Sydney Ladensohn Stern’s The Brothers Mankiewicz: Hope, Heartbreak, and Hollywood Classics is a solid read and works as a dual biography.
I immediately changed up my quarantine reading list when Netflix issued the first teaser trailer of Mank on October 8. Going into that day, my plan had been to start on Scott Eyman’s biography of Cary Grant in hopes of finishing in time for its October 20th release. Alas, The Brothers Mankiewicz took immediate priority. Not only for insight for whenever I watch Mank but also rewatches and first viewings of Mankiewicz films.
The spring of 1978 saw the release of two Mankiewicz biographies on each brother. Richard Meryman penned a biography on Herman while the other one is written about Joe by Kenneth Geist. These two books are certainly important resources and The Brothers Mankiewicz also adds on to their legacy. In writing the book, Stern had access to all of the Joseph L. Mankiewicz material still in Rosemary Mankiewicz’s possession. This helps to form a clearer picture of who the younger Mankiewicz brother was as a person. In moving from Los Angeles to New York, a Bekins moving van caught fire and Hollywood history would be lost forever.
Together, Herman and Joseph Mankiewicz combined to write, direct, and produce 150 films. Among these are some of the greatest films in cinematic history. Among them are Citizen Kane, All About Eve, and yes, even the Marx Brothers. When they were starting out in the industry, producers contributed to story ideas but didn’t get writing credit on their films. This changed throughout their time in Hollywood. At one time, the Screen Writers Guild would not allow producers to have any writing credit. This is why Joe does not have writing credits on pictures he produced.
Both brothers had their eye on what was going on overseas. While Joseph Mankiewicz was on the committee that financed an Jewish anti-Nazi spy ring, Herman penned the script for Mad Dog of Europe. Unfortunately, none of the studios wanted to touch it. Knowing Warner Brothers at the time, you would have thought they would produce the film! Much of this certainly has to do with the power of the Code censors and how valuable the European market was to the studios. After a while, it didn’t matter because Herman’s films ended up being banned in Germany. The film never got made and producer A Rosen published the script as a novel under Albert Nesor. As far as I can tell, it’s currently out of print.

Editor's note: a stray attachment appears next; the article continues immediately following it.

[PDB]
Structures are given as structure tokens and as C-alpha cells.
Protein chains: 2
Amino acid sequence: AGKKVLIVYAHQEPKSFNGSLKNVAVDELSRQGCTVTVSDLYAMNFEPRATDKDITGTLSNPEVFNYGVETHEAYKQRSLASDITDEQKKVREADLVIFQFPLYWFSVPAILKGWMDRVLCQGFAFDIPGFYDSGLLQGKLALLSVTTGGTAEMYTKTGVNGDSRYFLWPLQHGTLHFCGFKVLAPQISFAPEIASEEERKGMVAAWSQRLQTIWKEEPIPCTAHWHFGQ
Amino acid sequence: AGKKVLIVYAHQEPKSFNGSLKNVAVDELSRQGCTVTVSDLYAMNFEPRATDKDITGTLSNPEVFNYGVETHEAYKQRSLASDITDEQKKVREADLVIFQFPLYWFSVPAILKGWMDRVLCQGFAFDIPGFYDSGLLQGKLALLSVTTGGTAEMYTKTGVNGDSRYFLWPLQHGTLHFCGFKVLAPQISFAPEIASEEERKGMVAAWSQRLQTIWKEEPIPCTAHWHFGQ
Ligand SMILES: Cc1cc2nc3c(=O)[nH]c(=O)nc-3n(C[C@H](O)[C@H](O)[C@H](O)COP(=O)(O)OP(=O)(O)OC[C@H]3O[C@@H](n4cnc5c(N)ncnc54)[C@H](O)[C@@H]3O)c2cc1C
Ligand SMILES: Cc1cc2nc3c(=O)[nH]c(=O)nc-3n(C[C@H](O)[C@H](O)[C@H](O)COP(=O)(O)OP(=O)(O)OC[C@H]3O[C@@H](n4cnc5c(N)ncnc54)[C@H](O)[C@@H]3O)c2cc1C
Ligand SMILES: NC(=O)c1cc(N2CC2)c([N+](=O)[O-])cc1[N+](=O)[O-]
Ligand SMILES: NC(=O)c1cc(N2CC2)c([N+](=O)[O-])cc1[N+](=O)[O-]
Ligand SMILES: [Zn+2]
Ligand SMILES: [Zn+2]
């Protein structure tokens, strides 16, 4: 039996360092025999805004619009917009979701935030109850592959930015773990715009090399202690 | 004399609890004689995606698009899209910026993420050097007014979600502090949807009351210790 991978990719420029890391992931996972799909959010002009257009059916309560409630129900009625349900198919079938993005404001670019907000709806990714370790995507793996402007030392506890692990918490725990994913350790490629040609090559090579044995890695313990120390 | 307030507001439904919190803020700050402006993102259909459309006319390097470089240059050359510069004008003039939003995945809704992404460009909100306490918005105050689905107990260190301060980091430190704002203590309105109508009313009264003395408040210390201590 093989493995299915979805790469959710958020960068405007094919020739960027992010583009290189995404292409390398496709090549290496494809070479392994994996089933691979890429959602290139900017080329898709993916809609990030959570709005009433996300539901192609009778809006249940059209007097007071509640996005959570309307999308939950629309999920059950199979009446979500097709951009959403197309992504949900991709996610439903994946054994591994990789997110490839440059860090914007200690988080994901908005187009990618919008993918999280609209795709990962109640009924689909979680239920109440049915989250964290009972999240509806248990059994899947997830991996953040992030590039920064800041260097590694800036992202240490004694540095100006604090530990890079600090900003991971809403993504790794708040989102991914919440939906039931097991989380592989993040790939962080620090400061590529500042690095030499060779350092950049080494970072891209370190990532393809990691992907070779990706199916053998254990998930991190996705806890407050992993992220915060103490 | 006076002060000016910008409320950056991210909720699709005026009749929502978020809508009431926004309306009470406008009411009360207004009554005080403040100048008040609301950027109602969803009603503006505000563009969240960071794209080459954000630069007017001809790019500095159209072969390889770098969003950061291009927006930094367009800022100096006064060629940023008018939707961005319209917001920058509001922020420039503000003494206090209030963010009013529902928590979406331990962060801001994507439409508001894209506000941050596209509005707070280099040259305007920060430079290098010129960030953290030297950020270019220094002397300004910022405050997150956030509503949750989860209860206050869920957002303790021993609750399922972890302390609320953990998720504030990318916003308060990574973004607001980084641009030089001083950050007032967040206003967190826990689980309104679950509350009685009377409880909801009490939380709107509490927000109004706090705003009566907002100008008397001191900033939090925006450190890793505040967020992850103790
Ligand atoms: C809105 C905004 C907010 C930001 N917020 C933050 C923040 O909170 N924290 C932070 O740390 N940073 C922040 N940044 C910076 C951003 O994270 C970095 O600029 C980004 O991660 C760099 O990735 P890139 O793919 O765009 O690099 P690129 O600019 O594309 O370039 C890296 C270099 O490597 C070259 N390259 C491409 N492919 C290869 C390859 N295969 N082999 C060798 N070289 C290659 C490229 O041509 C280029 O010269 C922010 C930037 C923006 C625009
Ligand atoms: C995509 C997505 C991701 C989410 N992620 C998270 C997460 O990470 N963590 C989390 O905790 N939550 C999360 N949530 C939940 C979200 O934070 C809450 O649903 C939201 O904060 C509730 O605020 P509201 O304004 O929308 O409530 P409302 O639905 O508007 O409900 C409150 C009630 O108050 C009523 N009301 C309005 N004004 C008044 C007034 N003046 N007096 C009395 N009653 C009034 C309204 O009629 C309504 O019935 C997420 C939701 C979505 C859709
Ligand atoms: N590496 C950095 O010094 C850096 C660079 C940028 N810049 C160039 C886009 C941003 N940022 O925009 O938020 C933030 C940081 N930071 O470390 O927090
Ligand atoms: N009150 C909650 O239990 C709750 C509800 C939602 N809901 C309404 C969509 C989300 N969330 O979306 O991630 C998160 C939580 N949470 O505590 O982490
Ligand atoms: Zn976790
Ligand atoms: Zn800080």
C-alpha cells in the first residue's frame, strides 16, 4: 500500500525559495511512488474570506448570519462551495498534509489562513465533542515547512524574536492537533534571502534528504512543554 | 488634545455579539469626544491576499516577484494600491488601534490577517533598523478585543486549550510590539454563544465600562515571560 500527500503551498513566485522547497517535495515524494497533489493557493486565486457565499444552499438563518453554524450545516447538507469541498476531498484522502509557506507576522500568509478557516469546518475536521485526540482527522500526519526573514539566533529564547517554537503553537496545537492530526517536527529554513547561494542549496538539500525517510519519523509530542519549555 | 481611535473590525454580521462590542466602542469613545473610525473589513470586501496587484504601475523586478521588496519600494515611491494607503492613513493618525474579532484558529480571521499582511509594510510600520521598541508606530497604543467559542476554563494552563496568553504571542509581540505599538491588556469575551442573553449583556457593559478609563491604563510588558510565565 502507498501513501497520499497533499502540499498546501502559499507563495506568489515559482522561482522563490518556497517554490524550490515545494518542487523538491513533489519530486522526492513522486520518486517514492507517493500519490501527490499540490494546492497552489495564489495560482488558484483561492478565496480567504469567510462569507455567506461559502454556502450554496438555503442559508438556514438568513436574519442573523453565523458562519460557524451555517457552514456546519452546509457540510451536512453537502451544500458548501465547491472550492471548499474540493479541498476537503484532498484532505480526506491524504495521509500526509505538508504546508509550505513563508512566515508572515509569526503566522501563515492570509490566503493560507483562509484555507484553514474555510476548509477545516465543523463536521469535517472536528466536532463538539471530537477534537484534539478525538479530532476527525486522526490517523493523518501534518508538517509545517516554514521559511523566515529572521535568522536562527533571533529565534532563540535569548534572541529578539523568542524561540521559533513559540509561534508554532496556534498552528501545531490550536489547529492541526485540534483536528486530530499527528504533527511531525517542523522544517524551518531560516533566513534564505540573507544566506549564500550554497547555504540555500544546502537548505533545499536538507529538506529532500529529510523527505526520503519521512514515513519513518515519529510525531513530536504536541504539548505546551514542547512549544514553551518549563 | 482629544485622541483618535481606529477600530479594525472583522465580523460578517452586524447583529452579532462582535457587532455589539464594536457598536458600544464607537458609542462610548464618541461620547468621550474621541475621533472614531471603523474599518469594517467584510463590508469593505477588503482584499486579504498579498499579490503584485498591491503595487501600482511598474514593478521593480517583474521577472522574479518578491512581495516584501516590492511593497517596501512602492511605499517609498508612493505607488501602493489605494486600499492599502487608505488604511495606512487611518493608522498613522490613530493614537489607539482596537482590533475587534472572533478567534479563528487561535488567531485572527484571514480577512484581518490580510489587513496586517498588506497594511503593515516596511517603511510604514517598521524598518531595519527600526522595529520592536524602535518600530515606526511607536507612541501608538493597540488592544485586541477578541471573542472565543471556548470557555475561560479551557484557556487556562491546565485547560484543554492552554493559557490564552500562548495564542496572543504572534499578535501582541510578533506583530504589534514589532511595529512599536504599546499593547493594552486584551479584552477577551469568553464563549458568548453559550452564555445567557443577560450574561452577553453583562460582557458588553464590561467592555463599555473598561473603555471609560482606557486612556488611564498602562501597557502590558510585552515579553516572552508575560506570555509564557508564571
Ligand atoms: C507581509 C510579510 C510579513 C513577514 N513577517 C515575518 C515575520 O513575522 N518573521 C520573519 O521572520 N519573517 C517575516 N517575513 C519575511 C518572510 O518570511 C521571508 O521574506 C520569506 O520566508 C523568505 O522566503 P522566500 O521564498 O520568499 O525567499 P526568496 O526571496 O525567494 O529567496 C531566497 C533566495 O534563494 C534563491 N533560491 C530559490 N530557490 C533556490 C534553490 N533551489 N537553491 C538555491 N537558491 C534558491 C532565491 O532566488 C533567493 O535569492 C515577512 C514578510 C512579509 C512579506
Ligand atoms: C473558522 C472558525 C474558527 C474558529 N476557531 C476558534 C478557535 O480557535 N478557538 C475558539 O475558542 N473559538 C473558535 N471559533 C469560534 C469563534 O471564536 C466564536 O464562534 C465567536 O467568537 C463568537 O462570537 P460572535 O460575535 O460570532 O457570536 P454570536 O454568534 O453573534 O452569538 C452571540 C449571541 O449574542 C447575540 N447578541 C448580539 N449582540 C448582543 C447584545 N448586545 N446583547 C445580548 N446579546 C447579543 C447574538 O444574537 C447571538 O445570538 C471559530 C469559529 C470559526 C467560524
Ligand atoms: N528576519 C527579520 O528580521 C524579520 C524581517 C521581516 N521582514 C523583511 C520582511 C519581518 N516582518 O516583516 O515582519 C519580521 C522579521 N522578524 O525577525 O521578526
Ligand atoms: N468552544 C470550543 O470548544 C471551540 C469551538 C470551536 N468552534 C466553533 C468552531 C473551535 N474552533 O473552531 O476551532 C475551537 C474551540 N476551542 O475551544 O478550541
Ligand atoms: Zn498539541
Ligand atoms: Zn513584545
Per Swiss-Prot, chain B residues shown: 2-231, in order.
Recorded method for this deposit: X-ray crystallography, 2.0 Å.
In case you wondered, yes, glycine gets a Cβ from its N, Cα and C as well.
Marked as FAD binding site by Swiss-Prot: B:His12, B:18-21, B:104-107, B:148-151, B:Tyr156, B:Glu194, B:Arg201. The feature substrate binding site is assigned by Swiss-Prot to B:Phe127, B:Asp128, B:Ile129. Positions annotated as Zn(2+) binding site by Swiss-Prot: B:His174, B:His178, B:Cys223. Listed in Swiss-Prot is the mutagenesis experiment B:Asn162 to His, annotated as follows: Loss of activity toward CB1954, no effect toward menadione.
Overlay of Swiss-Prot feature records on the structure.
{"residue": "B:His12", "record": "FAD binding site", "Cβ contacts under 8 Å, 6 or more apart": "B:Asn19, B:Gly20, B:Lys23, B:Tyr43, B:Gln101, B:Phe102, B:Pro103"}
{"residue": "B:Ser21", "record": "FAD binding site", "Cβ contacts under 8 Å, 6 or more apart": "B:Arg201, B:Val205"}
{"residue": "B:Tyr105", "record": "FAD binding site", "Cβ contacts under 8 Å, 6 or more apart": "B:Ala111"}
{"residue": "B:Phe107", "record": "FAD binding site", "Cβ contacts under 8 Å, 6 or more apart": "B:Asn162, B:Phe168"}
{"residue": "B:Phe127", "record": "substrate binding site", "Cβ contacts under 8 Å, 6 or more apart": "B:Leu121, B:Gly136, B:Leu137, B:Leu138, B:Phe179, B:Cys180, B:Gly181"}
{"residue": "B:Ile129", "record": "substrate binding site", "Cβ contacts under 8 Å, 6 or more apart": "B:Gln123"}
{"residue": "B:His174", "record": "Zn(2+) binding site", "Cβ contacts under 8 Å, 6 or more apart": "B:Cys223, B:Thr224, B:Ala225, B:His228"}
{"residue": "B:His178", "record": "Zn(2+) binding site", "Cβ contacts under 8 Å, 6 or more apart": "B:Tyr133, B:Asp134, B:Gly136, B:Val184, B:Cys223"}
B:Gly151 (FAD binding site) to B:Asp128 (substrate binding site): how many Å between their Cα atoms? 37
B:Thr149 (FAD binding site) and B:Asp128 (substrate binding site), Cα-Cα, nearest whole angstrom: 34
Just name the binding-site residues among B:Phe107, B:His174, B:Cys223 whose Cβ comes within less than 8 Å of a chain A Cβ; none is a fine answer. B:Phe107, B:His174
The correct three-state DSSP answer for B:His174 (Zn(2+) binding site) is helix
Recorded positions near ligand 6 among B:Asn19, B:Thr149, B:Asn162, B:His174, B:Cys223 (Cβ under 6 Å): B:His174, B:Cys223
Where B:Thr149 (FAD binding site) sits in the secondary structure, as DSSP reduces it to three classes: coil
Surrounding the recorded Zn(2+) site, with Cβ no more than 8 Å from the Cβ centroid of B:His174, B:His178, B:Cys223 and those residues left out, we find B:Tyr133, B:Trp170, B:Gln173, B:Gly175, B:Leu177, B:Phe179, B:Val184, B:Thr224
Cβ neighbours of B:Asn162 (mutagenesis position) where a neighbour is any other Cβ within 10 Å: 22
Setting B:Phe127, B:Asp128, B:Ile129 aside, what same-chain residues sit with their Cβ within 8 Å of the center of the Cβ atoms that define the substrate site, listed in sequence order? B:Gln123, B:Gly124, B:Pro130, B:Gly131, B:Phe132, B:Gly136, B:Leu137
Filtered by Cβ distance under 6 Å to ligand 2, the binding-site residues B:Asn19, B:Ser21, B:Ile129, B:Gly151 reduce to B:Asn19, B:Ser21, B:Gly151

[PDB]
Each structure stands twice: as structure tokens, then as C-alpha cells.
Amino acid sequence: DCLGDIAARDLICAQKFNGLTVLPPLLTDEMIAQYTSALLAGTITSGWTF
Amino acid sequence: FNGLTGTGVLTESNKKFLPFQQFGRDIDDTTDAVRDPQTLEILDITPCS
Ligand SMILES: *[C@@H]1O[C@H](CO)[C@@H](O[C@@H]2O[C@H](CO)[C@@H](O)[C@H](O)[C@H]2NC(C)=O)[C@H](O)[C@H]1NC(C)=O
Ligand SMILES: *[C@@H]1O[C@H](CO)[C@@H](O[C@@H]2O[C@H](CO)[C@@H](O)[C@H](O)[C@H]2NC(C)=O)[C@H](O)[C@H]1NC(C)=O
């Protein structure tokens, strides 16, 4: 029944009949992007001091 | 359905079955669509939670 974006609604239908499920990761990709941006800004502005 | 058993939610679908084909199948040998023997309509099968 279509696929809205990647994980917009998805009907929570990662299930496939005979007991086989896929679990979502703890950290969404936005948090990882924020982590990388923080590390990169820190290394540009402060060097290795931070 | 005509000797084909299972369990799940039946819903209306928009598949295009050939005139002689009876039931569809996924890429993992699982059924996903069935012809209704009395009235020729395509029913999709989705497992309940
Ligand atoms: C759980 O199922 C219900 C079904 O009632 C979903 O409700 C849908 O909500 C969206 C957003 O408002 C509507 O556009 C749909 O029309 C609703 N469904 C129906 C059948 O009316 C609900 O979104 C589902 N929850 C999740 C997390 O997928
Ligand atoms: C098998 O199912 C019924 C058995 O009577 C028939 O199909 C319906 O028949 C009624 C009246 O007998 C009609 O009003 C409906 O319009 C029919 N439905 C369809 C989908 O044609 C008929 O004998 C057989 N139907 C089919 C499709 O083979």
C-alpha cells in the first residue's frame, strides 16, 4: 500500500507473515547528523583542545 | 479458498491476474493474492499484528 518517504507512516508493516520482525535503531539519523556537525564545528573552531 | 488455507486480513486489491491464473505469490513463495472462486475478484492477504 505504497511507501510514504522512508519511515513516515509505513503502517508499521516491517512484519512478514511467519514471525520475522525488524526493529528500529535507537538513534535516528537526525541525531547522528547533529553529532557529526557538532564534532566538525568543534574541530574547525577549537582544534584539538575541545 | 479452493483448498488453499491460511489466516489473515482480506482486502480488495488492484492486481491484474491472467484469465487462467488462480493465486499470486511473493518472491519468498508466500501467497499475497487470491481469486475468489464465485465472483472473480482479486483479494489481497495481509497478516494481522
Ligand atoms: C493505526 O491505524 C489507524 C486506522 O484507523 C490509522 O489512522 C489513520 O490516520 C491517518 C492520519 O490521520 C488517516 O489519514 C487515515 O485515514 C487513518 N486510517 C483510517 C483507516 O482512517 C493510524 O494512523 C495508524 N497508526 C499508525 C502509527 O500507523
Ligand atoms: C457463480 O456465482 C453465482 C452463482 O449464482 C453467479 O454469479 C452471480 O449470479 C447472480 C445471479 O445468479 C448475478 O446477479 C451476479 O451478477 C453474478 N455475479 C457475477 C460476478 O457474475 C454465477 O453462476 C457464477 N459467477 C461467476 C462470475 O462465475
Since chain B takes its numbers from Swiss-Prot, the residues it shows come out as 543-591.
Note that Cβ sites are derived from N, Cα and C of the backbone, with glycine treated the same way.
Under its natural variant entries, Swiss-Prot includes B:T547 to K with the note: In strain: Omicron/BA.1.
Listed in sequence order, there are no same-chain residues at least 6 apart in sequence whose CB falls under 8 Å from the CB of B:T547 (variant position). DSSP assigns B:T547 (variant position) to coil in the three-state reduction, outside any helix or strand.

Stern’s book would be incomplete without a mention of Pauline Kael or her essay on Citizen Kane. One of the greatest films of all time, director and co-writer Orson Welles would often embellish the truth when it came to the film’s origin. When it originally came time for awarding screen credit, Welles didn’t want to give Mankiewicz any credit at all. There was a fight over the writing credits and it got messy. In correspondence to Alexander Woollcott, Herman wrote that “the conception of the story, the plot, the characters, the manner of telling the story and about 99 per cent of the words” were his “exclusive creations.”
As for Kael’s comments on Citizen Kane, Stern writes:
Most members of the general moviegoing, New Yorker-reading public were oblivious to the fact that Kael’s story of the film’s creation was a tendentious account owning more to her professional disagreement with fellow film critics than to any real desire to set the record straight on that particular film.
There’s a lot more to the story but I’m already curious to see how Mank the film depicts the real-life events.
The origin of Rosebud the sled dates back to when Herman’s own childhood bicycle was stolen. Some things do not leave you and Herman would draw on those experiences in writing the script. Moreover, the film’s sled was named for 1914 Kentucky Derby winner Old Rosebud.
More than just Citizen Kane, there are other films discussed here. All About Eve, which won Joe his second pair of Oscars for directing and screening, is discussed. I’ll be watching the film for the first time very soon.
Another section that is just as interesting is all the drama surrounding Cleopatra. If you think there’s drama in Patty Jenkins directing Gal Gadot as the former Egyptian queen, you might want to read up on the film starring Elizabeth Taylor. When producer Walter Wanger first approached Joe, his idea was a “$5 million picture starring Cary Grant as Julius Caesar, Burt Lancaster, as Mark Antony, and either Sophia Loren or Audrey Hepburn as Cleopatra.” Joe initially passed on the idea so Wanger turned and sold it to Fox. Fate had another thing in store after Rouben Mamoulian quit.
On top of their films, there is also their personal lives. While Joe married three different women, he also had a number of affairs throughout his life. Among them where some well known actresses. It was enough Chris referred to his father’s treatment of Rosa as “gas lighting.” Similarly, Tom’s experience with his mother led to a “lifelong pattern of gravitating toward troubled actresses.” Stern goes into detail on their personal lives. I’m not going to get into those details here but the book is a solid read.